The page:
Net Promoter Score

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The Net Promoter Score (NPS) is an index intended to measure the extent to which customers will recommend an organization.[1] It is used by service organizations as a way of monitoring their performance between different employees, different departments and over time.

How the data is collected

The data required to compute the NPS is obtained from the following survey question (which has lots of variations):

Q1.	Based on your experiences for this INSERT CATEGORY, how likely are you to recommend INSERT COMPANY NAME to a friend or colleague?
0 Not at all likely
10 Extremely likely

Computing the NPS

Computing from tables

  1. The categories of the question are collapsed into three groups:
    • Detractors: ratings of 0 to 6.
    • Neutrals (or passives): ratings of 7 or 8.
    • Promoters: ratings of 9 or 10.
  2. The NPS is computed by calculating the proportion of Promoters and subtracting the proportion of Detractors. In the case of Microsoft, using the data below, the NPS is:

[math]\displaystyle{ NPS = (7.1 + 8.7) - (7.1 + 3.8 + 4.8 + 3.5 + 4.8 + 16.0 + 9.3) = 15.8 - 49.4 = -33.6 }[/math]


Computing by recoding

An equivalent way of computing the NPS is:

  1. Recode the data as follows:
    • Values of 0 to 6 are recoded as -100
    • Values of 7 or 8 are recoded as 0
    • Values of 9 or 10 are recoded as 100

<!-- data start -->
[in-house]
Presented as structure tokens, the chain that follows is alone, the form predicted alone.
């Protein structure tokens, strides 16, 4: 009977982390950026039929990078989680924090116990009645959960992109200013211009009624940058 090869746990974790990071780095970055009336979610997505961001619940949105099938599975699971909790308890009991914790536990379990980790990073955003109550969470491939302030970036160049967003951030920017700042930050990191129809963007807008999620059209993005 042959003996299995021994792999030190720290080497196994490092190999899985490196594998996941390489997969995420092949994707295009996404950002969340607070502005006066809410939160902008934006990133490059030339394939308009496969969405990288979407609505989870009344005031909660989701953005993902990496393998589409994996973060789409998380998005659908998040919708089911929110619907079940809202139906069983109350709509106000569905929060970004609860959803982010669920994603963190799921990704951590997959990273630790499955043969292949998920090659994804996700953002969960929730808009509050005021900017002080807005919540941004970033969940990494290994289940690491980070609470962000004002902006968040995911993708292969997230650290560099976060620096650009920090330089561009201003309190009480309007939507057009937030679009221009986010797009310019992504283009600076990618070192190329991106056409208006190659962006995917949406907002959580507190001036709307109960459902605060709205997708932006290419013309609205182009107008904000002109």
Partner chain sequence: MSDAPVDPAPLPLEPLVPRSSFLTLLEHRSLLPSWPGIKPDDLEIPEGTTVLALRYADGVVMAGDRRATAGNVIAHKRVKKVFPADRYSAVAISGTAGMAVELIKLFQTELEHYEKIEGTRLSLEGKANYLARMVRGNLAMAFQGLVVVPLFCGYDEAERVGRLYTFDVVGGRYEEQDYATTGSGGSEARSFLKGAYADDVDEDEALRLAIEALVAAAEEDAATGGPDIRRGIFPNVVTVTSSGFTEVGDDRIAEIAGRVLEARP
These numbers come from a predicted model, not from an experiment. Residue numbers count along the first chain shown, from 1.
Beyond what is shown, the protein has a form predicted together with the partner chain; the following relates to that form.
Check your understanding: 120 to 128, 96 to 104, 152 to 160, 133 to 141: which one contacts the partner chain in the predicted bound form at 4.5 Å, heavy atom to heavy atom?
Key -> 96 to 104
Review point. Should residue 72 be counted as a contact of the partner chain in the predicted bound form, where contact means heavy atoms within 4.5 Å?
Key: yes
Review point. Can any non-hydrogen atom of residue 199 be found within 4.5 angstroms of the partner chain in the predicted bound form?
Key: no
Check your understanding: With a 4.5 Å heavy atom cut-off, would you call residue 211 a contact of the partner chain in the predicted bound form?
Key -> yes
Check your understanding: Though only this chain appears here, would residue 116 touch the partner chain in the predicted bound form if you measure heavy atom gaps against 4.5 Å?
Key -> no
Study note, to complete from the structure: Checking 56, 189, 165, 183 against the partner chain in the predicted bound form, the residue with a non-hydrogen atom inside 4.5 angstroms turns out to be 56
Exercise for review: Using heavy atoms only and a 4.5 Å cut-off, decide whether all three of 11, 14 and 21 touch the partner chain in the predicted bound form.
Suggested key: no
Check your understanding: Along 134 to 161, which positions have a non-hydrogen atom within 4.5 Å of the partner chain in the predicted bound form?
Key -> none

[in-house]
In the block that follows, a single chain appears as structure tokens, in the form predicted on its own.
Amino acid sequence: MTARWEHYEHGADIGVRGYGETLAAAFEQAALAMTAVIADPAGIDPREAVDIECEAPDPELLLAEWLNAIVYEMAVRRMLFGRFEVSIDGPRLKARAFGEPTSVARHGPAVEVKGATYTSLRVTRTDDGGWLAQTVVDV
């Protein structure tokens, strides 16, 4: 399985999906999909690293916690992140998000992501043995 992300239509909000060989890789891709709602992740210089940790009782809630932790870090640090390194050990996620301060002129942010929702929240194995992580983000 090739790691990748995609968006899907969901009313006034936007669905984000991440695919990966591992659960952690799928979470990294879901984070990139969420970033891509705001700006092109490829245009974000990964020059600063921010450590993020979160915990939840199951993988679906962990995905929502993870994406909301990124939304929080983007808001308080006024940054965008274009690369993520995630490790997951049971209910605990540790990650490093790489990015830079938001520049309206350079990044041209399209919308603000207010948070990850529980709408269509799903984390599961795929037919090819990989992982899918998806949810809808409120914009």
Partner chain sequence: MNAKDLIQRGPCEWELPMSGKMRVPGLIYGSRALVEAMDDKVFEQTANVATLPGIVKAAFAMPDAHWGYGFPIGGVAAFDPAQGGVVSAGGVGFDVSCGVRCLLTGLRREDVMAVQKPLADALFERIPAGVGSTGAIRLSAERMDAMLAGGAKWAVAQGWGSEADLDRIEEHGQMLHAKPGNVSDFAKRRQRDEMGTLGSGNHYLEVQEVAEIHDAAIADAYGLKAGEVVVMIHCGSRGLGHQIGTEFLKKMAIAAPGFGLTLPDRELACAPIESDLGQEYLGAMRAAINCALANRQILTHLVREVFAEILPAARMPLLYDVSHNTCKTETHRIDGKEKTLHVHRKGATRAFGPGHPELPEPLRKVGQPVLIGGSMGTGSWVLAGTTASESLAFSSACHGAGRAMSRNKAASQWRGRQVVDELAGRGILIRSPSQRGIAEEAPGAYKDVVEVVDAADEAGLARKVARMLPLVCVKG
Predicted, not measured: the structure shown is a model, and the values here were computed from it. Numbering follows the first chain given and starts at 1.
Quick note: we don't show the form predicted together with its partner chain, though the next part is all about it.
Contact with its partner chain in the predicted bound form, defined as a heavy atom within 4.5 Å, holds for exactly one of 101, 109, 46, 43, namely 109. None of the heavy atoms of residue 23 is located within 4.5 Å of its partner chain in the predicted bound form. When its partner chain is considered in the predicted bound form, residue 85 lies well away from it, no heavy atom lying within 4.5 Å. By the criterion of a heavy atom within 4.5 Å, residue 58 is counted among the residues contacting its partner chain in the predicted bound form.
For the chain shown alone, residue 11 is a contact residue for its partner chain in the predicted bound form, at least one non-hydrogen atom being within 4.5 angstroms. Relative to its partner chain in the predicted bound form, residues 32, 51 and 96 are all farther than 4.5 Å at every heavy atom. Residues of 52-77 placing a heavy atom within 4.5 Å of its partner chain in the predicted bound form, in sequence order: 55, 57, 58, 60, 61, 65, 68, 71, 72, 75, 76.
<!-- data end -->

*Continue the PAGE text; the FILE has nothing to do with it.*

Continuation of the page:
2. Compute the average of the resulting variable.


  • Lots of different things are known to influence an NPS score. In particular, although it is a measure of a firm's performance, the NPS score is determined by numerous factors relating to how the data is collected, including things such as: instructions given in the NPS question (e.g., whether it asks about the most recent experience, general experiences or a particular aspect of a firm's performance), the expertise of customers, how the survey was administered (e.g., phone, face-to-face, email), the order of questions in a questionnaire.
  • Although it is called the 'Net Promoter Score' the actual NPS number that is computed does not directly relate to the proportion of people that promote versus detract. That is, while a firm with a good NPS score should expect to have more people saying good things about it than a firm with a poor NPS score, it is certainly not the case that a specific score indicates a specific level of promotion of a brand by users. Similarly, there is no straightforward relationship between the NPS score and other behaviors of interest (e.g., churn, satisfaction, profitability).
  • The three categories that are used to compute the NPS – detractor, passive or neutral and promoter – are arbitrary. And, for the same reasons described in the previous two points, you should not expect that everybody in the promoter category will promote the brand or that all the detractors will detract from the brand.
  • The NPS is a relative score. It is useful for comparing performance over time. It is useful for comparing different geographical territories (e.g., performance in one state versus another. The key is always to look at an NPS score and assess it relative to another comparable NPS score
  • Although the categories are arbitrary and the NPS score itself is consequently also arbitrary, there is no evidence that this arbitrariness reduces the validity of the measure. For example, if the detractors were classified as people with scores of 0 to 5 and passives 6 to 8 you would still anticipate getting the same basic conclusions regarding relative performance.



Articles on the Displayr blog

The Basics

Analysis and Visualization

More Information

  1. Reichheld, F. F. (2003). "The One Number You Need to Grow." Harvard Business Review(December).